Back in 1978, director Paul Mazursky’s An Unmarried Woman starring Jill Clayburgh showed that a marital break-up could become an awakening and new opportunity for a woman to learn how to rely on herself. It had a distinctly urban feel as events unfolded in Soho art galleries and spacey New York City lofts.
Hilary Brougher’s South Mountain takes a different path in its portrait of a union that is on the brink of dissolution amid the scenic splendor of the Catskill Mountains. The lush green foliage and a garden ripe with fresh produce feels like a kind of paradise away from the world’s hustle and bustle.
Alas, the household’s matriarch Lila will soon discover, as her teen daughters leave for summer activities and her best friend undergoes chemotherapy, that her husband (Scott Cohen) has just had a newborn son with another woman and that he wants to leave his wife. As played by a top-notch Talia Balsam with an air of wistful melancholy and a Mona Lisa smile, Lila goes through several stages of grief – including a regretful try at poisoning her cheating spouse, taking up with an all-too-willing younger man and cleaning out all of the old accumulated stuff to let the new in.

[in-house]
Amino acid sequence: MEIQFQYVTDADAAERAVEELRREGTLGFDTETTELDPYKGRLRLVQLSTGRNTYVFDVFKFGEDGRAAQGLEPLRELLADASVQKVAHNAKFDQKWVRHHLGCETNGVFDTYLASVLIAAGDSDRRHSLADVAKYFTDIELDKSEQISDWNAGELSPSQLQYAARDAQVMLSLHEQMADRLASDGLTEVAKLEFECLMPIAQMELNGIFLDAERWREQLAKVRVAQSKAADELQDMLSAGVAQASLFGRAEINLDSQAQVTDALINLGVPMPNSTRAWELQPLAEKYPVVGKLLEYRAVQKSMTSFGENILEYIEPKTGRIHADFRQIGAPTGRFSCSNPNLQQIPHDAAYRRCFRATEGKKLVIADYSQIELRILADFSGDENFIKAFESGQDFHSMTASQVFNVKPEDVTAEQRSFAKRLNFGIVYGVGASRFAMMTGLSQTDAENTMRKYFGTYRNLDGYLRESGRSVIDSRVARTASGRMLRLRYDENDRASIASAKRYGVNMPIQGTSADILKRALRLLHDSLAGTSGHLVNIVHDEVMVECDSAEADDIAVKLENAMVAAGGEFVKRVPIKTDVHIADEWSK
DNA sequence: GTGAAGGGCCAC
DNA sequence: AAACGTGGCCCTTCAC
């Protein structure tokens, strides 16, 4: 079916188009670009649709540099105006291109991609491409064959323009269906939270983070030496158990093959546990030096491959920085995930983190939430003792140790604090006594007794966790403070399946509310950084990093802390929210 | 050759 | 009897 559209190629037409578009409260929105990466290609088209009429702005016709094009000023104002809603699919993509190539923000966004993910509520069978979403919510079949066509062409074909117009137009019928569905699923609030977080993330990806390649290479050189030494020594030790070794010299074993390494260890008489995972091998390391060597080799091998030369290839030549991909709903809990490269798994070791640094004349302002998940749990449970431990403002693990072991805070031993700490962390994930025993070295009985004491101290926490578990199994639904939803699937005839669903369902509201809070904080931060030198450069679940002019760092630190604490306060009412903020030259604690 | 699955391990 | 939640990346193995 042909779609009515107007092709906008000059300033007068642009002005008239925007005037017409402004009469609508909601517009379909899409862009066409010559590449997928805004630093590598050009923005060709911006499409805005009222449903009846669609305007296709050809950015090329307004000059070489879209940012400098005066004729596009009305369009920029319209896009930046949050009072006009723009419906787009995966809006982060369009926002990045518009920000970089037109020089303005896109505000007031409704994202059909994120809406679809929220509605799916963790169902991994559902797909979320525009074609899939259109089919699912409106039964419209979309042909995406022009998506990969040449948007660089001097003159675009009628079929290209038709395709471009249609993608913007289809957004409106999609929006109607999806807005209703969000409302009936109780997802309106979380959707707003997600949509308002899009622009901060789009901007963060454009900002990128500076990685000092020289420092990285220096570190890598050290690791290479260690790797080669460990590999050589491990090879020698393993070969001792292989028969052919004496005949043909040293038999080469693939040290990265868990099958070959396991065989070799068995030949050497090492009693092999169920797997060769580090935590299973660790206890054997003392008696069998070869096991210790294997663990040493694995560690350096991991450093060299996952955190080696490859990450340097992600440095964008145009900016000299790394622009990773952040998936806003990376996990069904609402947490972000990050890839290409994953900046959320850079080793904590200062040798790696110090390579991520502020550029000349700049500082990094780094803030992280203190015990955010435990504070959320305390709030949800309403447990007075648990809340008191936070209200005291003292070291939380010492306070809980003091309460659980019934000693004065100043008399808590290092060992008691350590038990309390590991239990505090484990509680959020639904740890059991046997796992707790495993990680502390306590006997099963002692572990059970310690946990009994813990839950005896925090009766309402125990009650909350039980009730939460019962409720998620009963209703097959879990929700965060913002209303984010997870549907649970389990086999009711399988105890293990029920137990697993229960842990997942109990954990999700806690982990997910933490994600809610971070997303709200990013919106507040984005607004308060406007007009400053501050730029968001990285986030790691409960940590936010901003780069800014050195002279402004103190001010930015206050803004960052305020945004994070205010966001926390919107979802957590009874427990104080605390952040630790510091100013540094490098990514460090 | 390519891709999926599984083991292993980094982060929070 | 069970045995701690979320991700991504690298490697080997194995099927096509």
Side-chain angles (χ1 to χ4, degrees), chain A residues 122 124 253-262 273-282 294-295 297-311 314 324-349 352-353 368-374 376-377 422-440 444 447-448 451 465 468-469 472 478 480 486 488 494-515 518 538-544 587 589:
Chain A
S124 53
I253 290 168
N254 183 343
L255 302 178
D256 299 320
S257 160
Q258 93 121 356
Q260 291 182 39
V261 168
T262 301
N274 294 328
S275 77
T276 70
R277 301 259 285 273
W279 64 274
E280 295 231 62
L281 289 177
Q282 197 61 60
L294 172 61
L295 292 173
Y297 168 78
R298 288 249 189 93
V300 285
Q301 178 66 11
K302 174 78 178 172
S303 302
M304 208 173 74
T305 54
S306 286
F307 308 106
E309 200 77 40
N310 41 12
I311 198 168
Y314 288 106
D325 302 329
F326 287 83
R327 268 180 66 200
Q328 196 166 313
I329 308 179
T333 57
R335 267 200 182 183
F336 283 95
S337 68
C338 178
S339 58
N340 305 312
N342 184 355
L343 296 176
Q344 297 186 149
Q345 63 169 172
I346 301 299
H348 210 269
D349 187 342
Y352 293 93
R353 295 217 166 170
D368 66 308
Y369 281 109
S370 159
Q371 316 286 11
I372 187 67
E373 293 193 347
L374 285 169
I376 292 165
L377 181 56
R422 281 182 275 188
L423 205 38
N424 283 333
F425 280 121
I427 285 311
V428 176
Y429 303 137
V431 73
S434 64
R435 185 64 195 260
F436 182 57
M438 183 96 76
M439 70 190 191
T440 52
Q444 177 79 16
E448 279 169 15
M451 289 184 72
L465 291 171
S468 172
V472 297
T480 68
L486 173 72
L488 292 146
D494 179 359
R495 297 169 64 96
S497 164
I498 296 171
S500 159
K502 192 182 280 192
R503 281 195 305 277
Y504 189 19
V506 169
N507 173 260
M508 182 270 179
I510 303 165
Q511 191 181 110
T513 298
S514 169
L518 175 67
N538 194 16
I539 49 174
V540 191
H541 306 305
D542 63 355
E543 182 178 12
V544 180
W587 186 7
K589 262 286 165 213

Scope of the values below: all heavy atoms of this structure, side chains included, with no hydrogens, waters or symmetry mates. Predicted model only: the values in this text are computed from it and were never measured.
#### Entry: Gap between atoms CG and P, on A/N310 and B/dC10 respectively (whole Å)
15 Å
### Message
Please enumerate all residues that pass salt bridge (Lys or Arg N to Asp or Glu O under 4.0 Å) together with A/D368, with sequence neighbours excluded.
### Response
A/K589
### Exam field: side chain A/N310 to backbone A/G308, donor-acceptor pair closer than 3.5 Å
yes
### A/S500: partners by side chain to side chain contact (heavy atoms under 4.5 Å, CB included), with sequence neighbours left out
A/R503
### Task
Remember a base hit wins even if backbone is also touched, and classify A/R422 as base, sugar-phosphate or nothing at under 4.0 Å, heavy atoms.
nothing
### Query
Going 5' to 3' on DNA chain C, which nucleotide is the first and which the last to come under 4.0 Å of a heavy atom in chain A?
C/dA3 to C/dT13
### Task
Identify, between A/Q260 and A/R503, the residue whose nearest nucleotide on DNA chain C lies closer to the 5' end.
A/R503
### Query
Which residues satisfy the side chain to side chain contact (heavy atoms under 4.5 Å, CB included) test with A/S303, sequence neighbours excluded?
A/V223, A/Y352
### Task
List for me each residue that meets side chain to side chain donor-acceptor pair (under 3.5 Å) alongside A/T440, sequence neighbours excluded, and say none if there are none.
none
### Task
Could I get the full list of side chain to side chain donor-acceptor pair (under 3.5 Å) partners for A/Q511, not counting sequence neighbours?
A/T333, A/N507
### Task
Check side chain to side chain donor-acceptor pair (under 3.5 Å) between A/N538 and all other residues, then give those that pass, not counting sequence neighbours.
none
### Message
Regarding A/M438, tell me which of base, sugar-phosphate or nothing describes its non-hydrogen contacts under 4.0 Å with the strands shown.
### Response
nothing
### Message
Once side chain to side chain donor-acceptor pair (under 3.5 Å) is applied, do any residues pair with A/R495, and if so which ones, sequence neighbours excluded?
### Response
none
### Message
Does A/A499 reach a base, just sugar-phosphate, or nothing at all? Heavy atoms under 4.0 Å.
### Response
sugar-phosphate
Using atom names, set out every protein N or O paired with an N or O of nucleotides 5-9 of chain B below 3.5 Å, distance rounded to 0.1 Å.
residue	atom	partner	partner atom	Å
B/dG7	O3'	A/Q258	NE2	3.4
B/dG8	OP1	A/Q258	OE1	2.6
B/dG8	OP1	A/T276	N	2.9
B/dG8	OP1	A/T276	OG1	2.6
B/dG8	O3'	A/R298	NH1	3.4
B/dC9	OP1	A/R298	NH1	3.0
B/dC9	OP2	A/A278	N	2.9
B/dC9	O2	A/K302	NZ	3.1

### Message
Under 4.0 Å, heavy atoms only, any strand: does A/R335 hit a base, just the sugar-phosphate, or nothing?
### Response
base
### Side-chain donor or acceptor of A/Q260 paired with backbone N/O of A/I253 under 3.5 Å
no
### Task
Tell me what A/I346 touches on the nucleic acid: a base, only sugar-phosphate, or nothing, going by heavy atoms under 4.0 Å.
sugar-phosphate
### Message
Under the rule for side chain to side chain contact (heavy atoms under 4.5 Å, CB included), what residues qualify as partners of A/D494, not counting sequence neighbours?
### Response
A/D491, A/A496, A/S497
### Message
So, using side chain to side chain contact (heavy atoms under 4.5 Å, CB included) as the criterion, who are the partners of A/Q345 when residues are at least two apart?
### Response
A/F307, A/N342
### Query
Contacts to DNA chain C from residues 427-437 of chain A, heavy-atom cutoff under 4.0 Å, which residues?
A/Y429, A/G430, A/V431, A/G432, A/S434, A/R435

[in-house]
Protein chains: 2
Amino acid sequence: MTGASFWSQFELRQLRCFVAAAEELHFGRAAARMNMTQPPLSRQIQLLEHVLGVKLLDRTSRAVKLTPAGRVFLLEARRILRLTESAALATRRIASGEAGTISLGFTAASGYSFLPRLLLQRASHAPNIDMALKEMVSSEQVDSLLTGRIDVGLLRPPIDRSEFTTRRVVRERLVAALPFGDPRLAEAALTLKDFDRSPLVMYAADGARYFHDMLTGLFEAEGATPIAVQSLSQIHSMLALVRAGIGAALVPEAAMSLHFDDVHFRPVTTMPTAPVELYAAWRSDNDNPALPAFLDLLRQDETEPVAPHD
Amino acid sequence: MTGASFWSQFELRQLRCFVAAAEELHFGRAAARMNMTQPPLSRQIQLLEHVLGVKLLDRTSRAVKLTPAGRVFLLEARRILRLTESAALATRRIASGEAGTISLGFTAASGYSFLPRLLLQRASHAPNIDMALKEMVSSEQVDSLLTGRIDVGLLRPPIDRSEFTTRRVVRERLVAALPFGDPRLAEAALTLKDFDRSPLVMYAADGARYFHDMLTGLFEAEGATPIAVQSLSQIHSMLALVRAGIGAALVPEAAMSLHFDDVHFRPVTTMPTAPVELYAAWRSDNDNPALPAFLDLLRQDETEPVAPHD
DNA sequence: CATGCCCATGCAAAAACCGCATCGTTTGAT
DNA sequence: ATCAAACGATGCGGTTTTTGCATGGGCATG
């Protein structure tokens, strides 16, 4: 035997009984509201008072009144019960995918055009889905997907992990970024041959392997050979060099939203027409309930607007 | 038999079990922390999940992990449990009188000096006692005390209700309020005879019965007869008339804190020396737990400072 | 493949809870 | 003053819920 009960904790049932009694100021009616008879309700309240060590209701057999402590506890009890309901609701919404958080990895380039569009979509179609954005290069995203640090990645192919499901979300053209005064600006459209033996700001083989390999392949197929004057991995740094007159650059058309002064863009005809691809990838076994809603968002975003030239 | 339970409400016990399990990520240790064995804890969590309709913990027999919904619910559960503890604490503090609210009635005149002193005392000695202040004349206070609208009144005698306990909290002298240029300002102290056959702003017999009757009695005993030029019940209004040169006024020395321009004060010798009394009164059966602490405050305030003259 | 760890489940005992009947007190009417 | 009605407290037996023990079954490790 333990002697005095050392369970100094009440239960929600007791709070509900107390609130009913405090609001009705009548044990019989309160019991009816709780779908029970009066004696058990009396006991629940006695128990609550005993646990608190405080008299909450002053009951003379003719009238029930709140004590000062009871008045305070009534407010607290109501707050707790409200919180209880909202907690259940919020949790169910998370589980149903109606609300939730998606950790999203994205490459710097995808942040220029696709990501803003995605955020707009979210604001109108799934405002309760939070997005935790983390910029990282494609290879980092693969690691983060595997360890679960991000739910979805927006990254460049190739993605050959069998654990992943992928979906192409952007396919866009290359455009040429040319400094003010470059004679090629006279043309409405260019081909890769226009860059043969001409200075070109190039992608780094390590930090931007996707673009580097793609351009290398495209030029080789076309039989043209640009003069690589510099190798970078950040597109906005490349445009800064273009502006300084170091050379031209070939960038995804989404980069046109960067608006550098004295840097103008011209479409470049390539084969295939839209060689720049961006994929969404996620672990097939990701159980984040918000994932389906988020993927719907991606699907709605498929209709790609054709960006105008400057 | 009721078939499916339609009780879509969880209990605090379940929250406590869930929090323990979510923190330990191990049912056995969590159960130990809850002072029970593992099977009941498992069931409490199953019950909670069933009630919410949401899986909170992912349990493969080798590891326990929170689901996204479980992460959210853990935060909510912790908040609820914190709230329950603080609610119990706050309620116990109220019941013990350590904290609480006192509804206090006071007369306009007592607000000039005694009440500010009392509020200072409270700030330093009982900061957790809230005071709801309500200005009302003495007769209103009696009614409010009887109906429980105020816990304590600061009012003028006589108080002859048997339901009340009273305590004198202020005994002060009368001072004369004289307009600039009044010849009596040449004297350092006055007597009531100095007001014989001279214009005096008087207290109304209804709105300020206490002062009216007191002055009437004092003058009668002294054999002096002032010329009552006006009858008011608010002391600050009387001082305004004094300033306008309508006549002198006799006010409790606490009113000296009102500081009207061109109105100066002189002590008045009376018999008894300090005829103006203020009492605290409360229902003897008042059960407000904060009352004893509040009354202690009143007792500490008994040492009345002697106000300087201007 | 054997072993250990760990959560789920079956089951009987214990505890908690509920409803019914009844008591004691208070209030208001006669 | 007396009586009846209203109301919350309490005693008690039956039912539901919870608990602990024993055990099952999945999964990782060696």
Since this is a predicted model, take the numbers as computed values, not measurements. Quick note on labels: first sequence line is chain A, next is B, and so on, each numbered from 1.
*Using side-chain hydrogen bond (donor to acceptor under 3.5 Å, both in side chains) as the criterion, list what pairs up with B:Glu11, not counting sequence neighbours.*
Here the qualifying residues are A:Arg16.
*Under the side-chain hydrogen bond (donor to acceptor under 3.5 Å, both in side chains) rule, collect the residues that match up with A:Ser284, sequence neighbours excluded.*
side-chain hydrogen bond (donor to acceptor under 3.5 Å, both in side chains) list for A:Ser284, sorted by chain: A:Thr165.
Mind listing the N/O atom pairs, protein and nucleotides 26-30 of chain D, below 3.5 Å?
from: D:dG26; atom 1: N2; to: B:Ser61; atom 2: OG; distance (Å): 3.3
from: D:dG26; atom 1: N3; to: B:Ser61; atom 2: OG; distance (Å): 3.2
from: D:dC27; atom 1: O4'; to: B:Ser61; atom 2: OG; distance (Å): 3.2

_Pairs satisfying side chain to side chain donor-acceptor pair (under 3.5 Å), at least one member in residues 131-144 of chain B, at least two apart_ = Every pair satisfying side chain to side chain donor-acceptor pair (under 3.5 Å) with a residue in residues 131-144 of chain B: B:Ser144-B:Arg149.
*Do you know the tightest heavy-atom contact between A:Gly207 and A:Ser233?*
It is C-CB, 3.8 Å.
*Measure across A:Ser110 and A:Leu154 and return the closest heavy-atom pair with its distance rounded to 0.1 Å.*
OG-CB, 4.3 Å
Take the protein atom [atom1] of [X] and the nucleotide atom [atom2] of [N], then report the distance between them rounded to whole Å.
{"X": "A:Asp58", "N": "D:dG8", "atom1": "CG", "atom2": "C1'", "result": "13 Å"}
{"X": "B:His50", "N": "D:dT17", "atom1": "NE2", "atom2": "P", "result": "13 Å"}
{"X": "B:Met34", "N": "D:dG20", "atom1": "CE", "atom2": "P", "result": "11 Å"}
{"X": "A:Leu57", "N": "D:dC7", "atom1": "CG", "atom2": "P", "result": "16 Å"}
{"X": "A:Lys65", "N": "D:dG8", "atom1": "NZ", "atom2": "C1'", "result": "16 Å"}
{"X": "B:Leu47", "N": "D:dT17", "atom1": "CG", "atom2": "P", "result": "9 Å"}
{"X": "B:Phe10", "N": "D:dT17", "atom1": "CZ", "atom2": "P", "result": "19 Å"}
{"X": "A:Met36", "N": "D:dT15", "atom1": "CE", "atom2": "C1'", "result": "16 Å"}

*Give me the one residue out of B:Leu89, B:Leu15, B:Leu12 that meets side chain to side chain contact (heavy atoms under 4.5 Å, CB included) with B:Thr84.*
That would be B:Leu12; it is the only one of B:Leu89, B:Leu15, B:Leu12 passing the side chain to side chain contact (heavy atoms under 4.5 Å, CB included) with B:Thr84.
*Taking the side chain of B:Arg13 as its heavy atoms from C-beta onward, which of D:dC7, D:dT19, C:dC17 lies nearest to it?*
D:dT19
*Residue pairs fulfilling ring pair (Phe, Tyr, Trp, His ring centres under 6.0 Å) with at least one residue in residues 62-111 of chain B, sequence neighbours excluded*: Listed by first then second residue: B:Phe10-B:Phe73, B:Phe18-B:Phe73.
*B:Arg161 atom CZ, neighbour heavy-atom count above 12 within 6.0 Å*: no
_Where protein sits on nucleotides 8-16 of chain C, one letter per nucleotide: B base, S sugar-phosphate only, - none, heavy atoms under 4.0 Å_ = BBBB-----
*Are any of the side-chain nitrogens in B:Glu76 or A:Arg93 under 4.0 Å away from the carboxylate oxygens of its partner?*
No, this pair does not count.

Cameraman Ethan Mass’ serene cinematography does wonders to fill in the emotional spaces, with invading insects becoming a regular theme. In the end, Lila seems to be somewhat at peace even if she has picked up the habit of smoking.
As Gloria Gaynor might say, she will survive.